At the inlet to 11 mile reservoir, I turned around, and started walking back up the river. I did see some small fish in marginal thin water, but I kept walking. I did not make a single cast.  I was not interested in casting to small fish. This is the dream stream, home to big trout and I had big fish on the brain. I was being as selective as big fish can sometimes act.  

When stalking big fish it helps to have this mindset of refusing to cast to smaller fish. It helps if you can be willing to catch nothing in hope of waiting for that one big fish. Why fool around with little fish and waste time? Better to keep walking. Better to keep searching. Keep waiting.

However, it takes a certain kind of nerve to be willing to report back to your friends that you caught nothing. It takes a certain kind of nerve to be ok within one's self not catching a fish. How much easier it is on the ego, at least to be able to say, "I got a few small ones."  Yet, this is what the big fish hunter must be willing to do. You have to be willing to "get skunked." And this too is part of the mind set of being a big fish hunter.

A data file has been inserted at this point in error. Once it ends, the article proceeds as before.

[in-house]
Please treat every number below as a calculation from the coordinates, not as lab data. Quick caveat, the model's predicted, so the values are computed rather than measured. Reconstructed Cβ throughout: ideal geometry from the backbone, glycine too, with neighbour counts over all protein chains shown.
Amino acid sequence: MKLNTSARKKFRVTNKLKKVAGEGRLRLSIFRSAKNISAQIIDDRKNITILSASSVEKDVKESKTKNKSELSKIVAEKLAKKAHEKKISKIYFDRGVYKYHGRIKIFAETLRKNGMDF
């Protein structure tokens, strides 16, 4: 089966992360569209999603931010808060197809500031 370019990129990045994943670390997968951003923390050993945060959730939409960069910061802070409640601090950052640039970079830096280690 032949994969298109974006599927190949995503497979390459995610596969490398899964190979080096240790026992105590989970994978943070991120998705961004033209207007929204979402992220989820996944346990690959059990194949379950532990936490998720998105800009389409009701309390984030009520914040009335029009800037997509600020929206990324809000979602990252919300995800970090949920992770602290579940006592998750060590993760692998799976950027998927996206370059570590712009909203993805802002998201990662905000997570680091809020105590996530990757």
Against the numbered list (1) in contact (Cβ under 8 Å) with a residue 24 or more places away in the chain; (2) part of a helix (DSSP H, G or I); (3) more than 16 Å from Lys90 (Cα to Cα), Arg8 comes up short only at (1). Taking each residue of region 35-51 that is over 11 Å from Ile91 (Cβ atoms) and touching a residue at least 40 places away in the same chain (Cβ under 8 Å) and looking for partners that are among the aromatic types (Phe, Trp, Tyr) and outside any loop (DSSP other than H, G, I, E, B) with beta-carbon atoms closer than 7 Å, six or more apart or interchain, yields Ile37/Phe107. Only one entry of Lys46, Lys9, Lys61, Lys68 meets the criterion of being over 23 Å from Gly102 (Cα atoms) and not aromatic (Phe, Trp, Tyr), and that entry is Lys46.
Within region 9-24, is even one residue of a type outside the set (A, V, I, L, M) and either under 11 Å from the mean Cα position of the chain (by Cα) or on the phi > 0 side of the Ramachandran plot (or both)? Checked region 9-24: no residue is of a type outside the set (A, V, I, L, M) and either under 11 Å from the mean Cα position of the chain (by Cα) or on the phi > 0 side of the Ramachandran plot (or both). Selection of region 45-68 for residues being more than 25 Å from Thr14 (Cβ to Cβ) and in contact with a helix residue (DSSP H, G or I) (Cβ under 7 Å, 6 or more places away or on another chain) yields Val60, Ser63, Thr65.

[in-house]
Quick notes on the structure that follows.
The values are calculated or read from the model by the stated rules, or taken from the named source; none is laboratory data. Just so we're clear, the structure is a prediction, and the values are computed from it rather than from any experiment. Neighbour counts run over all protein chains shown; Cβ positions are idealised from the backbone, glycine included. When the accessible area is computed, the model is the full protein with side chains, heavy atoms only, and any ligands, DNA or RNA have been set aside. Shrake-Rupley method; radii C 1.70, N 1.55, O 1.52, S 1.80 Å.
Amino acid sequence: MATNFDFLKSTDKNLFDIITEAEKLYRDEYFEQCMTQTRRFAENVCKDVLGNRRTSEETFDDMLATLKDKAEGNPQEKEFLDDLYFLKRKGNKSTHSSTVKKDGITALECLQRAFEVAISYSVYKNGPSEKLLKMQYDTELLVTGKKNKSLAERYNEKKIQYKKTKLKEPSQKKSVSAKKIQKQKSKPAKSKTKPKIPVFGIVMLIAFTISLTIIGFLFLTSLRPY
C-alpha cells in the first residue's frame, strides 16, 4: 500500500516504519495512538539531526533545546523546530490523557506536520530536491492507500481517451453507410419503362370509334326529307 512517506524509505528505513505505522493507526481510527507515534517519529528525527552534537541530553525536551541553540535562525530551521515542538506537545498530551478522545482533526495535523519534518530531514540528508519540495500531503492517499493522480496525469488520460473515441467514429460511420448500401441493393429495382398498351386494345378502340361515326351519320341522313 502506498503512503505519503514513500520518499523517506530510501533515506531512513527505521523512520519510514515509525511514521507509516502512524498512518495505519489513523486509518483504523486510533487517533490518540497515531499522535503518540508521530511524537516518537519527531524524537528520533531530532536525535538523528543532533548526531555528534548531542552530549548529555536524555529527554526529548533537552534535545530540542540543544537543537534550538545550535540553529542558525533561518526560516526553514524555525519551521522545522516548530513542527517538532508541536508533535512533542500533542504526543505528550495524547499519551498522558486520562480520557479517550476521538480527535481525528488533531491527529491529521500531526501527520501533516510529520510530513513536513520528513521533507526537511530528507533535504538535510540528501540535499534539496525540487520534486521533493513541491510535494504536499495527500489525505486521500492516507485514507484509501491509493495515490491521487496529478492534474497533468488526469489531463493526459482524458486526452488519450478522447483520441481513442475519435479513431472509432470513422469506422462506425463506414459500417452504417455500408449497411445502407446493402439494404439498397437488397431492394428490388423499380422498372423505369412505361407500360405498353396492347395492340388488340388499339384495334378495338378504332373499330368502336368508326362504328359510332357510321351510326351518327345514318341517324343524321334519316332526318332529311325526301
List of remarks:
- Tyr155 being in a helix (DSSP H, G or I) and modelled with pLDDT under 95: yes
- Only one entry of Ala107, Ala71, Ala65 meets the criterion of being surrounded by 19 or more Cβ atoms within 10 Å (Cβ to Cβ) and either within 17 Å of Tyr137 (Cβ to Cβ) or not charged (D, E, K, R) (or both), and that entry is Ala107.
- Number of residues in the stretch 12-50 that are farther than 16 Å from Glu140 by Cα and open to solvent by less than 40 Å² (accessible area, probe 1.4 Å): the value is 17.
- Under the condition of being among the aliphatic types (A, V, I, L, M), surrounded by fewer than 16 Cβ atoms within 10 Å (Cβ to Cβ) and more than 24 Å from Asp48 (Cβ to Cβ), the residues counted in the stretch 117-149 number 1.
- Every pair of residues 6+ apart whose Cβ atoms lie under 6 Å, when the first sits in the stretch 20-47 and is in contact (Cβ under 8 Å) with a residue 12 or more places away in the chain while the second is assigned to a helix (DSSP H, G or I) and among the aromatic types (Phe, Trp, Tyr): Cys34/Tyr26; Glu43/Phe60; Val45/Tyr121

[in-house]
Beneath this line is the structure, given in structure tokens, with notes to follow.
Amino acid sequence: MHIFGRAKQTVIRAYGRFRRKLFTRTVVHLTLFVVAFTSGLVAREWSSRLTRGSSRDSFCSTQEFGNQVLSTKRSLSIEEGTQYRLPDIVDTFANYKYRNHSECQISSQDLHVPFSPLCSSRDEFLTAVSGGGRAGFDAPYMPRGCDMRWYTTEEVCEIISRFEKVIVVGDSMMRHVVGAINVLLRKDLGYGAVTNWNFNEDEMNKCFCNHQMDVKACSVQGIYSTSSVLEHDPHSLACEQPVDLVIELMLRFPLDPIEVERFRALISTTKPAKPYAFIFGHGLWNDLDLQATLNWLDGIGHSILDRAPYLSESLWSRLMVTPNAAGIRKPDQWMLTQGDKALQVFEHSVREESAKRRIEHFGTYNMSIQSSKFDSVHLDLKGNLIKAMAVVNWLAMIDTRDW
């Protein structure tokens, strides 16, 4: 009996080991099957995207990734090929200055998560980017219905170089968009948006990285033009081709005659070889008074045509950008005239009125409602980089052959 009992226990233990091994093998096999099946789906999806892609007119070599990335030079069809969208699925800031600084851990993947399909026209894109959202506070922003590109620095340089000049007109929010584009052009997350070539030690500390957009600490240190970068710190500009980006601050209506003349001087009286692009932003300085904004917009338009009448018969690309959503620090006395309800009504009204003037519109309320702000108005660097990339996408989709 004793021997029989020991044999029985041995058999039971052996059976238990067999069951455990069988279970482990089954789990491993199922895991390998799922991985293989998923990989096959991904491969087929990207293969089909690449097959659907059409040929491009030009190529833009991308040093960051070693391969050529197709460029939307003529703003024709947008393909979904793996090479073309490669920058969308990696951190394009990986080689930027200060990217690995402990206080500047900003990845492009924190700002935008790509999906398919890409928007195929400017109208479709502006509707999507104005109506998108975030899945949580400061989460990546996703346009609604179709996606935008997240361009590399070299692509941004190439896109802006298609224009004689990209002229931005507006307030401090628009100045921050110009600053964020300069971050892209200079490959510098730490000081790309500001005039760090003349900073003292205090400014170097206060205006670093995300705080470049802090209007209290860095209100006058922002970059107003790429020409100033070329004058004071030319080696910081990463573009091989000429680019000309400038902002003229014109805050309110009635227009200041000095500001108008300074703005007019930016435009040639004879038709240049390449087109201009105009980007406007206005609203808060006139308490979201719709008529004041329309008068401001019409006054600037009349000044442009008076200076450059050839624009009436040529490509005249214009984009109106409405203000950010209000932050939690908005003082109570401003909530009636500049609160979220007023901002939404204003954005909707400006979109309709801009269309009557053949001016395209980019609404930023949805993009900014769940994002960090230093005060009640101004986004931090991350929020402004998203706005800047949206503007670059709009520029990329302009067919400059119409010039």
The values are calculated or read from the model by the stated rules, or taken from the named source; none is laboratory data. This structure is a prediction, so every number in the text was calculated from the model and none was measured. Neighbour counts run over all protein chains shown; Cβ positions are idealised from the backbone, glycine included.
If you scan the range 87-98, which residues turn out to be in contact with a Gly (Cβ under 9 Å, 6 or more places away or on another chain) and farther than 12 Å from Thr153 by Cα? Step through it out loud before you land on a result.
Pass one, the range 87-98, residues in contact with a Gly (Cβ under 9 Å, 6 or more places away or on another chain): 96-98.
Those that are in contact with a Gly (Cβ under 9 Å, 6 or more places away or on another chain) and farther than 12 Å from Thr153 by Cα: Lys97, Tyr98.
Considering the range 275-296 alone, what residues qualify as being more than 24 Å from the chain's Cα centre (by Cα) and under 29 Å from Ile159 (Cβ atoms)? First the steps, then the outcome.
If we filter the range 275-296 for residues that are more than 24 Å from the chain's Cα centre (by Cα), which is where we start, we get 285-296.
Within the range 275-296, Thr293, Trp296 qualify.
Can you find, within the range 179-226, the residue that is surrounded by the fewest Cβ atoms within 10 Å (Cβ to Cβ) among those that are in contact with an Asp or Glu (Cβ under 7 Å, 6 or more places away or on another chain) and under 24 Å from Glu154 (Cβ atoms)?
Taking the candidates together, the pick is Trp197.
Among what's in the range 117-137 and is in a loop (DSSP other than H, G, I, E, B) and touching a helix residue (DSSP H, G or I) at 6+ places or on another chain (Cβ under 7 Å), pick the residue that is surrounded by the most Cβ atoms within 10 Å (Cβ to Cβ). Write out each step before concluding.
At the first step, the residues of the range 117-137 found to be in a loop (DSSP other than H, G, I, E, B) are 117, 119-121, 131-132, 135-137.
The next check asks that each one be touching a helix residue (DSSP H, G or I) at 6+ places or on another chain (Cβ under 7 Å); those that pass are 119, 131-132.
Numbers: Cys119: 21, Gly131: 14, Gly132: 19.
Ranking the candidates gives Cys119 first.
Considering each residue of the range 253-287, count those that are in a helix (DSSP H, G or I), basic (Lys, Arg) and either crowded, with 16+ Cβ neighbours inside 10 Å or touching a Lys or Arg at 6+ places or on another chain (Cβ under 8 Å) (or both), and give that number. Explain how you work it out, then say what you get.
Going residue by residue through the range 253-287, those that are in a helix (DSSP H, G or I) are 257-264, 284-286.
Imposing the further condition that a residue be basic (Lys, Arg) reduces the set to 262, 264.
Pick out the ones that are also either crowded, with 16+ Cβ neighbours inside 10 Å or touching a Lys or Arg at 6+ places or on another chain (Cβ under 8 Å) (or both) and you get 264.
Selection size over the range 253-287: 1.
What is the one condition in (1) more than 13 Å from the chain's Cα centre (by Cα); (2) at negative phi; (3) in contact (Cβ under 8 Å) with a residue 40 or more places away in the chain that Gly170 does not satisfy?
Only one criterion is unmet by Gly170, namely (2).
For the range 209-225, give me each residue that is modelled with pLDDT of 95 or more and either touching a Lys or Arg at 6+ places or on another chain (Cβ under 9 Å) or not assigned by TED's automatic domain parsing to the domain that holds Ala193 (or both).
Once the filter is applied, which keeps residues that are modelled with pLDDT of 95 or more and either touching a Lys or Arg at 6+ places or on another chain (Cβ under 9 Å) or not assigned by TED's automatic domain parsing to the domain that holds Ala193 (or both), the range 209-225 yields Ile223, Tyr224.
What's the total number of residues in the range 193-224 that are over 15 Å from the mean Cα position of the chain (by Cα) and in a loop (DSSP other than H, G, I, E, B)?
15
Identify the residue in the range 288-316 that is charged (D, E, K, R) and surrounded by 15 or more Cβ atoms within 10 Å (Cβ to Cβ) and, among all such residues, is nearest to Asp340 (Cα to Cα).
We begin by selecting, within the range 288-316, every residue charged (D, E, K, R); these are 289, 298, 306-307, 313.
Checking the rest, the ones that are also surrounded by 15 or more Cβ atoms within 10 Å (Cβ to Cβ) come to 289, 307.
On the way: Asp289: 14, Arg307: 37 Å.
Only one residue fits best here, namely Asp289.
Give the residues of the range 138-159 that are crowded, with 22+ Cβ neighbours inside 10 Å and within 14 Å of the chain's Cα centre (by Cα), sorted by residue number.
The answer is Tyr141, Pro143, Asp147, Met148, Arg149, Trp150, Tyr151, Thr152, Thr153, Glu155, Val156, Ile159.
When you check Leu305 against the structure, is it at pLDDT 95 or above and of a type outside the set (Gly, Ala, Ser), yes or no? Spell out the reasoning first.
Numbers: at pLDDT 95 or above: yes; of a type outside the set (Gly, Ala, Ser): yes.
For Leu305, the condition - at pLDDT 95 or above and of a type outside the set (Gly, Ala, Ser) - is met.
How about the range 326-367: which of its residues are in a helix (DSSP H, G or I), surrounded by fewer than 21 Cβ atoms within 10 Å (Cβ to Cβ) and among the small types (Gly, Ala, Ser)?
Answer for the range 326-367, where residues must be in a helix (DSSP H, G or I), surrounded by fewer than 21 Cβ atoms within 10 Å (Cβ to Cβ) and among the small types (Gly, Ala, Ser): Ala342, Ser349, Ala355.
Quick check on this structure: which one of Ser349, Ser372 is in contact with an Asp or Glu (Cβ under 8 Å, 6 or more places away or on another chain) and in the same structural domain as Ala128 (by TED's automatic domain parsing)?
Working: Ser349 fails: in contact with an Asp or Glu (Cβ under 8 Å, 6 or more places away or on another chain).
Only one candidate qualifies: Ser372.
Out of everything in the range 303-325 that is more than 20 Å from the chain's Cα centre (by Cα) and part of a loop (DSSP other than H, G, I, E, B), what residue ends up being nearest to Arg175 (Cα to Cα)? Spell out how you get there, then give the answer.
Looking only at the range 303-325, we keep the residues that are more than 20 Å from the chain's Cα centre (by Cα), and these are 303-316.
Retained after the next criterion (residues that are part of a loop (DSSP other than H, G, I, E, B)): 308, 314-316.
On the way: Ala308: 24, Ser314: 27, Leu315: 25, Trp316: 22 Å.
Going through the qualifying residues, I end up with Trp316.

This is why it is better to go alone when fishing for big game. When you go with others, we often get wrapped up in the need to catch something as we forever try to measure up to one another.  We can become desperate and focus on catching something; anything, so we do not look bad. Have we not all felt this way while fishing in a group?  We start thinking, "I can't be the only one who did not catch a fish," and so, losing our focus, we start casting to small fish.   Better to stalk big fish alone, unconcerned about the demands of the ego that often takes us off course.

This is why it is better to not even tell anyone you are going. When your friends and family know you are fishing you then have to "give a report," of how the fishing went when you return.  In some sense that fishing report makes you not alone. While you fishing you are already writing the fishing report in your head, complete with excuses and distortions and that report will influence how you fish. On the other hand, to tell no one you have gone, is to truly fish alone and be free from their influence and the pressures we place upon ourselves and our egos.

This is why, on this particular day, I was free to  keep walking the Dream Stream.  I was alone and I had told no one. I was able to keep walking and willing to hold out for what I was truly seeking. If need be, I was willing to get skunked for that cause. I was willing to keep walking with knowing I might catch nothing. I was willing to not even make a single cast until I found a run that might hold one big fish.